Tuesday, 9 October 2012

Ann Widdecombe calls herself a bigot

Oh dear. It appears the Widdecopter has flown herself into another power line, this time in attempting to defend her bigoted views on gay marriage. Bigoted? Surely that's the very word she set out to distance herself from? After all, Ann has made her views clear on both issues - on gay marriage itself, and on what qualifies someone - in her eyes - as a bigot:
"The real bigots, those who really deserve to be described as such, the real extremists, the real nasties, are those who believe that those who dissent from their views have no right to do so and that the state itself should silence them."
Fair enough. Except Ann's view is that "the complementarity of a man and a woman in a union open to procreation is unique and cannot be replicated by other unions." That straight marriage represents some kind of ideal. And she does have some semblance of a point - in her eyes, straight couples can have children, gay ones can't - that's what makes them 'unique.' Admittedly that's because her own party is doing everything they can to stop gay couples adopting or getting custody, but that's not important to Ann right now. What's important to Ann is that good old straight, heterosexual marriage is 'special.' Well she has the right to that opinion, as long as it remains just an opinion. The wonderful thing about opinions is that everyone can have a few. And as she rightly stated, the real bigotry comes when someone tries to silence the opinion of another just because they don't like it. Like say, by supporting the continued ban on one type of marriage because you think another is special. That's right Ann. You said that believing others have no right to their opinions is bigotry, and then continued on to state why gay people have no right to their opinion. After all, if the opinion that gay people should be allowed to marry was a valid one, then they would have the right to do so. If they have the right to an opinion, they have the right to marry - it's only the dissent of people who disagree with them that stops them from doing so. Then you said believing "that the state itself should silence" those opinions is bigotry, and then made your case for the continuation of a statute-enforced ban on gay marriage by the state. If they have a right to marry, and you want the state to ban them from doing so just because you / your religion don't agree with it, your own argument at the conference kicks in. Seems fairly clear cut to me. You just called yourself a bigot on public record. Nobody else did; you did it all by yourself.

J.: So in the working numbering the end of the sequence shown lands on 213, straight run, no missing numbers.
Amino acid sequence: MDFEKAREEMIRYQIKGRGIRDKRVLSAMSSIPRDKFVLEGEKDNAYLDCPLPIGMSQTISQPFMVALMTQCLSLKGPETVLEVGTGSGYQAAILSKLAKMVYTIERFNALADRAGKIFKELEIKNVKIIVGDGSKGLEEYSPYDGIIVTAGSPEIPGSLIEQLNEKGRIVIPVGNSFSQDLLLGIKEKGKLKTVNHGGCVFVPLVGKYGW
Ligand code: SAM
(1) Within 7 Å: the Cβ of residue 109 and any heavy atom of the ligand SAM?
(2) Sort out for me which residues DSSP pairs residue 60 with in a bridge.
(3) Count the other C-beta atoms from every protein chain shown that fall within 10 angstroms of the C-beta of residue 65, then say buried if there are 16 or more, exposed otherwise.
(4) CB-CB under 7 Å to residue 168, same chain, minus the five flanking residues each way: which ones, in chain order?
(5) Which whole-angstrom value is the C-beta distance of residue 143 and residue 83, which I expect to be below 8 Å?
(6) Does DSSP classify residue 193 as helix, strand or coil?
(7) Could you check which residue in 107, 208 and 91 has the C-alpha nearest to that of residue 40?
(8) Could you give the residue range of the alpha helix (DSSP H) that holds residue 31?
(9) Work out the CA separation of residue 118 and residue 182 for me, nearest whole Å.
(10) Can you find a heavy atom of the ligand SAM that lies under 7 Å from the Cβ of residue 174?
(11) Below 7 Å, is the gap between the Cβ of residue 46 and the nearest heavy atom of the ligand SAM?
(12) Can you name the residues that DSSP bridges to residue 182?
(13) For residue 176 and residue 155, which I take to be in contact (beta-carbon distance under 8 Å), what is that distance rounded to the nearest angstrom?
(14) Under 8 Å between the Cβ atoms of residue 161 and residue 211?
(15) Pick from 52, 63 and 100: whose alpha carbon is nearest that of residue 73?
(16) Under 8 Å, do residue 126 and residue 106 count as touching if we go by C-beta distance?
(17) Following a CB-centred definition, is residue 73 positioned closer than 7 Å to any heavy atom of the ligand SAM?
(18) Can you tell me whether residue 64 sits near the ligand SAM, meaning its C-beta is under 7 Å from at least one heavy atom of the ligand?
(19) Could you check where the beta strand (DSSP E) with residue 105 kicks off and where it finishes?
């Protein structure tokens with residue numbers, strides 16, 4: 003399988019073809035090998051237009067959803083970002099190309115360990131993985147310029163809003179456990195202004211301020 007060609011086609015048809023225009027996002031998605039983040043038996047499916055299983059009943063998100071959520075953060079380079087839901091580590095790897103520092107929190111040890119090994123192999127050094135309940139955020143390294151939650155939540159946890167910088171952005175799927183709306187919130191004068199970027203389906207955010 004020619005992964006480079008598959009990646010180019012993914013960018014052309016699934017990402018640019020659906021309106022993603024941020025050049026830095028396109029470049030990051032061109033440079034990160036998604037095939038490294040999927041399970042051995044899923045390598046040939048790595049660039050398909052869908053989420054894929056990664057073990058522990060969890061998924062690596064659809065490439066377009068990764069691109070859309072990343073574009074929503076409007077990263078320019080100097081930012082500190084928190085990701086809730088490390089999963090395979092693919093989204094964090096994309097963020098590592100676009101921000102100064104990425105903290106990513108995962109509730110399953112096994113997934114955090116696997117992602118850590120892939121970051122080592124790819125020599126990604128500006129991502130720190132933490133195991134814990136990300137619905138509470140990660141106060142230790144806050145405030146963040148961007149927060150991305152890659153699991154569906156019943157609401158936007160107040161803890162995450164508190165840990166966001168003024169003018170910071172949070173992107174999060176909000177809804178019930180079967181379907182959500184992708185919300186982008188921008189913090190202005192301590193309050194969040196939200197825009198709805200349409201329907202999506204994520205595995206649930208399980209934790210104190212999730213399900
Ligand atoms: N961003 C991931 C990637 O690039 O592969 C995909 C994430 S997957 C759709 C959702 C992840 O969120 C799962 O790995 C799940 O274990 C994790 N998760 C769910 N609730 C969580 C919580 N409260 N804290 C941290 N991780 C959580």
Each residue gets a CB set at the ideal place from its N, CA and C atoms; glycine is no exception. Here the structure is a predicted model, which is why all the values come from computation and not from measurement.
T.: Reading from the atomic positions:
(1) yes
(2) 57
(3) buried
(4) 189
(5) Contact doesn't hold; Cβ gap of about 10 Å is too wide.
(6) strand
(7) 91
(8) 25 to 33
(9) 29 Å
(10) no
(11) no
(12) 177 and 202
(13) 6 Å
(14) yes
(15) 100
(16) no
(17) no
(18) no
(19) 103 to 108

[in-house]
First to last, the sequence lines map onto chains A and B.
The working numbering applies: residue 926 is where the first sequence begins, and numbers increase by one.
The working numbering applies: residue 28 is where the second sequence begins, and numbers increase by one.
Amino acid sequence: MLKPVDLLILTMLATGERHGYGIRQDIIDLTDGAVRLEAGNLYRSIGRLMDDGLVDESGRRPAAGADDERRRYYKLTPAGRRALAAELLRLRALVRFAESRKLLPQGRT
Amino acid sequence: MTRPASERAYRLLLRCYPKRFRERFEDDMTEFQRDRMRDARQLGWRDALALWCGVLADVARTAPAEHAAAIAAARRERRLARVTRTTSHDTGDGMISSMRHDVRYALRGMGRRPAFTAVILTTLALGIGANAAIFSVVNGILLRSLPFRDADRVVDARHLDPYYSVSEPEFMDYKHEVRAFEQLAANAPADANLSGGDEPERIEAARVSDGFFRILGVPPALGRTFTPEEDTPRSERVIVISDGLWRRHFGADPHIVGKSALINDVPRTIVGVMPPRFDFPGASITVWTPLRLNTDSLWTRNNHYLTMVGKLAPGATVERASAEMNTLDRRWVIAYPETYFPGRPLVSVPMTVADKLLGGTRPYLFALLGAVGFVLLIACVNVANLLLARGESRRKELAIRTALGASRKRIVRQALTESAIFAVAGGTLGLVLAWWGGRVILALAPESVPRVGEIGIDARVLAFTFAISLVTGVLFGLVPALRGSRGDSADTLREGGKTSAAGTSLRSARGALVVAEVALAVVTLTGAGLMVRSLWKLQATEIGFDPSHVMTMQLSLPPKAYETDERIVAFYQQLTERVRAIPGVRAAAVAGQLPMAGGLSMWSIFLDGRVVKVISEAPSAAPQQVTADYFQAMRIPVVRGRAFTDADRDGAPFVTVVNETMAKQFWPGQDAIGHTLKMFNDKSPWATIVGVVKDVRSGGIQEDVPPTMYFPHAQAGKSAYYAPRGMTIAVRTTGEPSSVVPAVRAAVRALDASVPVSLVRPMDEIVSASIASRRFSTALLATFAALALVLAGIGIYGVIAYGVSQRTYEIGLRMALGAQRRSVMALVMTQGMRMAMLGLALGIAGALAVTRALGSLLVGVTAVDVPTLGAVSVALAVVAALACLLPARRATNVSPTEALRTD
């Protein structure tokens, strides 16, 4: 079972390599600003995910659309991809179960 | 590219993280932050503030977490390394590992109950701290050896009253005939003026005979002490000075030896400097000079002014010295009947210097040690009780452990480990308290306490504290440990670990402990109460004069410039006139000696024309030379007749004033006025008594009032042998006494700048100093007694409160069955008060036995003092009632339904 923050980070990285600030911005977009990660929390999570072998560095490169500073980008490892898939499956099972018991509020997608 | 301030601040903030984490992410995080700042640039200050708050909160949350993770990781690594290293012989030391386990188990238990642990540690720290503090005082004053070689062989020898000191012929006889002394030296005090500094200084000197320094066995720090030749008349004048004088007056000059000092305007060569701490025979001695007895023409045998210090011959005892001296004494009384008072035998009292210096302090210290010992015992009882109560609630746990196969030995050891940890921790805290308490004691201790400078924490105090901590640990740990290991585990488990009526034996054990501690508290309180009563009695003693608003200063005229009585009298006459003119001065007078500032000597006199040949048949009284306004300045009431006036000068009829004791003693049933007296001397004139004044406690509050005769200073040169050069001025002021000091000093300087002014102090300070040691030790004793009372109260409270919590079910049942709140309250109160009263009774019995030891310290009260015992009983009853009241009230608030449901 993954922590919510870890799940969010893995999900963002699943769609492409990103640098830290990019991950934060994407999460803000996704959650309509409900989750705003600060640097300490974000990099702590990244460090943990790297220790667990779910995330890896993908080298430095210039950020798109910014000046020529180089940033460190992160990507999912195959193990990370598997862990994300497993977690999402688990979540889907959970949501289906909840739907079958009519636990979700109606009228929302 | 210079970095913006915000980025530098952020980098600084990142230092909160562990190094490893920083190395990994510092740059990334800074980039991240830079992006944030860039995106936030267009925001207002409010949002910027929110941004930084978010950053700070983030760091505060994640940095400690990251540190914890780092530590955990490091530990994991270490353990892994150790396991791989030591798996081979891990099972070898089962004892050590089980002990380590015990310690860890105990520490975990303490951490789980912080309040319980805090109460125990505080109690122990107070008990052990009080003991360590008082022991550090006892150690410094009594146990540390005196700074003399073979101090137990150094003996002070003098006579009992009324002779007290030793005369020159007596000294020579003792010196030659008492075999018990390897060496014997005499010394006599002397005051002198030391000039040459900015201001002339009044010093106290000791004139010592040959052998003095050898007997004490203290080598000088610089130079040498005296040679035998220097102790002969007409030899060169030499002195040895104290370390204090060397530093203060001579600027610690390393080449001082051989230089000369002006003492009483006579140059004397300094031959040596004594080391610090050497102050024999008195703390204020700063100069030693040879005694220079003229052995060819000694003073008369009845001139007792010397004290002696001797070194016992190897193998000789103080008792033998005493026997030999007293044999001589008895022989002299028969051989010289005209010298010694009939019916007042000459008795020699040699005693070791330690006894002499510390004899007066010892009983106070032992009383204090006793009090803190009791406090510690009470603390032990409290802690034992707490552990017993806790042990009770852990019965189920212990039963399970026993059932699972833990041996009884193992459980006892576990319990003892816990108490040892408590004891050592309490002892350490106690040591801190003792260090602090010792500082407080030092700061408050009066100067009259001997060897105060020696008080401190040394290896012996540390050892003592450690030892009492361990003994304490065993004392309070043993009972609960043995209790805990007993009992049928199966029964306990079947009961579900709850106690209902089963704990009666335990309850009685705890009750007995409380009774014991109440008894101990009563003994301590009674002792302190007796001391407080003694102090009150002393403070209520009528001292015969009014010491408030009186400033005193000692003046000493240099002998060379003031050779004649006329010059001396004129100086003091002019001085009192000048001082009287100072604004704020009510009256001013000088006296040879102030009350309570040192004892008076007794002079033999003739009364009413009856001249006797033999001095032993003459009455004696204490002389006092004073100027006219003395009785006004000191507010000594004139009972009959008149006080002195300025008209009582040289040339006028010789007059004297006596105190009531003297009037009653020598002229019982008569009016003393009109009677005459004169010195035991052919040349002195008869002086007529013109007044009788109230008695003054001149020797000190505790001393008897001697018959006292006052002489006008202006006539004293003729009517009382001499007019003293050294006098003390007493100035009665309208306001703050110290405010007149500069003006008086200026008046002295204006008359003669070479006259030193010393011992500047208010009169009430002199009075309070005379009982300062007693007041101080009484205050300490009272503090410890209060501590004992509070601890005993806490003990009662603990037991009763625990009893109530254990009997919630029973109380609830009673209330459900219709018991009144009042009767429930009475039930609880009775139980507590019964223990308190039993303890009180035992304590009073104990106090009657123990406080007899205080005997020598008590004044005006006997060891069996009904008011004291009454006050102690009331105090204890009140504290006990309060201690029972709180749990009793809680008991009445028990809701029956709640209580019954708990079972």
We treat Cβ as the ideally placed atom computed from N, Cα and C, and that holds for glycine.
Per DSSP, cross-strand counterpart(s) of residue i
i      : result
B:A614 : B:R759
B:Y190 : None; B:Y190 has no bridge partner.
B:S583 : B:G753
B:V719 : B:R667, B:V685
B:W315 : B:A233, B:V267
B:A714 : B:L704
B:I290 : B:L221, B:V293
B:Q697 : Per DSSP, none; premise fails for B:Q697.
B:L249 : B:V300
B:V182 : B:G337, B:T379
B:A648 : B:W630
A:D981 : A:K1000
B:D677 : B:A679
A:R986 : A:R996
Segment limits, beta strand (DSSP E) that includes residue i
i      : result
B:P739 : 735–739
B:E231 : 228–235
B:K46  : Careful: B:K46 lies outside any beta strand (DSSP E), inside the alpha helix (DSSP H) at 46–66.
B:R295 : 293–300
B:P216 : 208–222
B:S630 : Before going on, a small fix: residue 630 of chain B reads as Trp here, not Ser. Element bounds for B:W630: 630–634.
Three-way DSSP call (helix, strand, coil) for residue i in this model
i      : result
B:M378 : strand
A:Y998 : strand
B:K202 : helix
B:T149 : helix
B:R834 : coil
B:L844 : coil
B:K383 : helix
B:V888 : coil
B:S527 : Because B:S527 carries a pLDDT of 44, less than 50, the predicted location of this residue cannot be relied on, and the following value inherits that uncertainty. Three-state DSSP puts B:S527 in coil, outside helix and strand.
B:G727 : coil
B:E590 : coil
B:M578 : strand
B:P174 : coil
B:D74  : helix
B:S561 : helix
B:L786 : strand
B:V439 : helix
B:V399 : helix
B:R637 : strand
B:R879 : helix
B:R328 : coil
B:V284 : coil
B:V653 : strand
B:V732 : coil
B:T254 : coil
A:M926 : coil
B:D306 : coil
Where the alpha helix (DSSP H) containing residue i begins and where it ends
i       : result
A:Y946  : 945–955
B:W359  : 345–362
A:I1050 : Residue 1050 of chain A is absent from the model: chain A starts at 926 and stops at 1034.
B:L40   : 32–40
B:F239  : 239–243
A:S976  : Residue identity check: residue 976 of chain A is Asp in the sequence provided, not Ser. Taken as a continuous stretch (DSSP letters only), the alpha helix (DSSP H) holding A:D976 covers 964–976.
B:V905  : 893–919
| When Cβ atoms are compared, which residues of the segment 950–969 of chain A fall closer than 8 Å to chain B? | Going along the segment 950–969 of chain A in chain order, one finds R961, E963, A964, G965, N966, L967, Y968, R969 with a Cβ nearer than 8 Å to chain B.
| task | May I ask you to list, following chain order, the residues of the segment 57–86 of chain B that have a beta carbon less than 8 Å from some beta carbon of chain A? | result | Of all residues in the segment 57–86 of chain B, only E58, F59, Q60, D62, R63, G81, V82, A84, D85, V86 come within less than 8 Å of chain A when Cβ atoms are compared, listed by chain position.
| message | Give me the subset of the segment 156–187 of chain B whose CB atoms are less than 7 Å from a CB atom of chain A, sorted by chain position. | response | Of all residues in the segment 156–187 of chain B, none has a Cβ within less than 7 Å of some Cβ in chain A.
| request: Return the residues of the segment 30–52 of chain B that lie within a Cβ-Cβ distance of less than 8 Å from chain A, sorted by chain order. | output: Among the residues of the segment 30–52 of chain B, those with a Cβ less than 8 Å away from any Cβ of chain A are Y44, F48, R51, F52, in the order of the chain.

sauce: Tory conference: Activist anger over gay marriage

Friday, 8 June 2012

One- Line Reviews

Apologies for the recent blackout. The list of drafts that greets me on my dashboard has let me diagnose the problem - I had become fixated on newsblogging, and launching into diatribes supported by links, evidence and bibliographies. In other words, all the things that made me hate writing back at university. Even now, I'm looking at the cursor blinking in front of me waiting for a naturally flowing subject to pop out of my subconscious, complete with references, point, structure and summary. Unfortunately my brain has to be wrestled into that shape. I have the organisation skills of a piss-up in a brewery, after the piss up. On the other hand, having seen what structure and references can do to the likeability of a piece, I am loath to become just another mouthpiece screaming into the void. With that in mind, here are some one-line reviews of things I have recently encountered: Minecraft: It's like OCD Porn. Help me. (9.5/10) The Social Network: Business people screw each other over, who knew. Also Justin Timberlake is perfectly cast as a massive douche. No 'splosions. (8/10) Double Entry Book-keeping: Functionality 9/10 - Fun -ohgodkillmenow/10 Co-Op Marinated Chinese Elmwood Chicken Skewers: Dry, but delicious. Good with a nice thick sauce, like gravy with sweet chilli added. (7.5/10) Game of Thrones: I CANNOT WAIT TO FIND OUT WHICH ONE SEAN BEAN PLAYS. IT'S TONY STARK, ISN'T IT. WAIT, NED STARK. WHO CALLS A FANTASY CHARACTER NED. OH MY GOD WOLVES (10/10) The Leveson Inquiry: Hoping they're at the mid-season lull, preparing for an explosive finale next week when David Cameron accidentally lets slip mid-question exactly how much Murdoch semen he ingested on the way to number 10. (5/10 with the potential to hit 9 next week). With that in mind I excuse myself, and slip back into the void. Incidentally, do feel free to leave a comment. The plugins are getting lonely.

Wednesday, 2 May 2012

Work / Life Balance

It's been more than a week since my last post, and I struggle (thanks to the real world) to find time to update. This is not a situation I wanted to find myself in, nor did I think it was a situation I would find myself in, after the last three years of solid dossing about. But there we go. Work / life balance is tough enough at the best of times, but when you try and add a third 'dreams' option, it all sort of goes a bit wrong, like Prince Philip welcoming a visiting dignitary - you can struggle as long as you want, but eventually something horrible is going to happen. But I am, oddly, more determined than ever to keep hacking away at it, because it's the only way to retain some semblance of balance. Speaking of which: http://www.itv.com/news/2012-05-02/an-electricians-view-on-what-sparked-a-tory-backlash/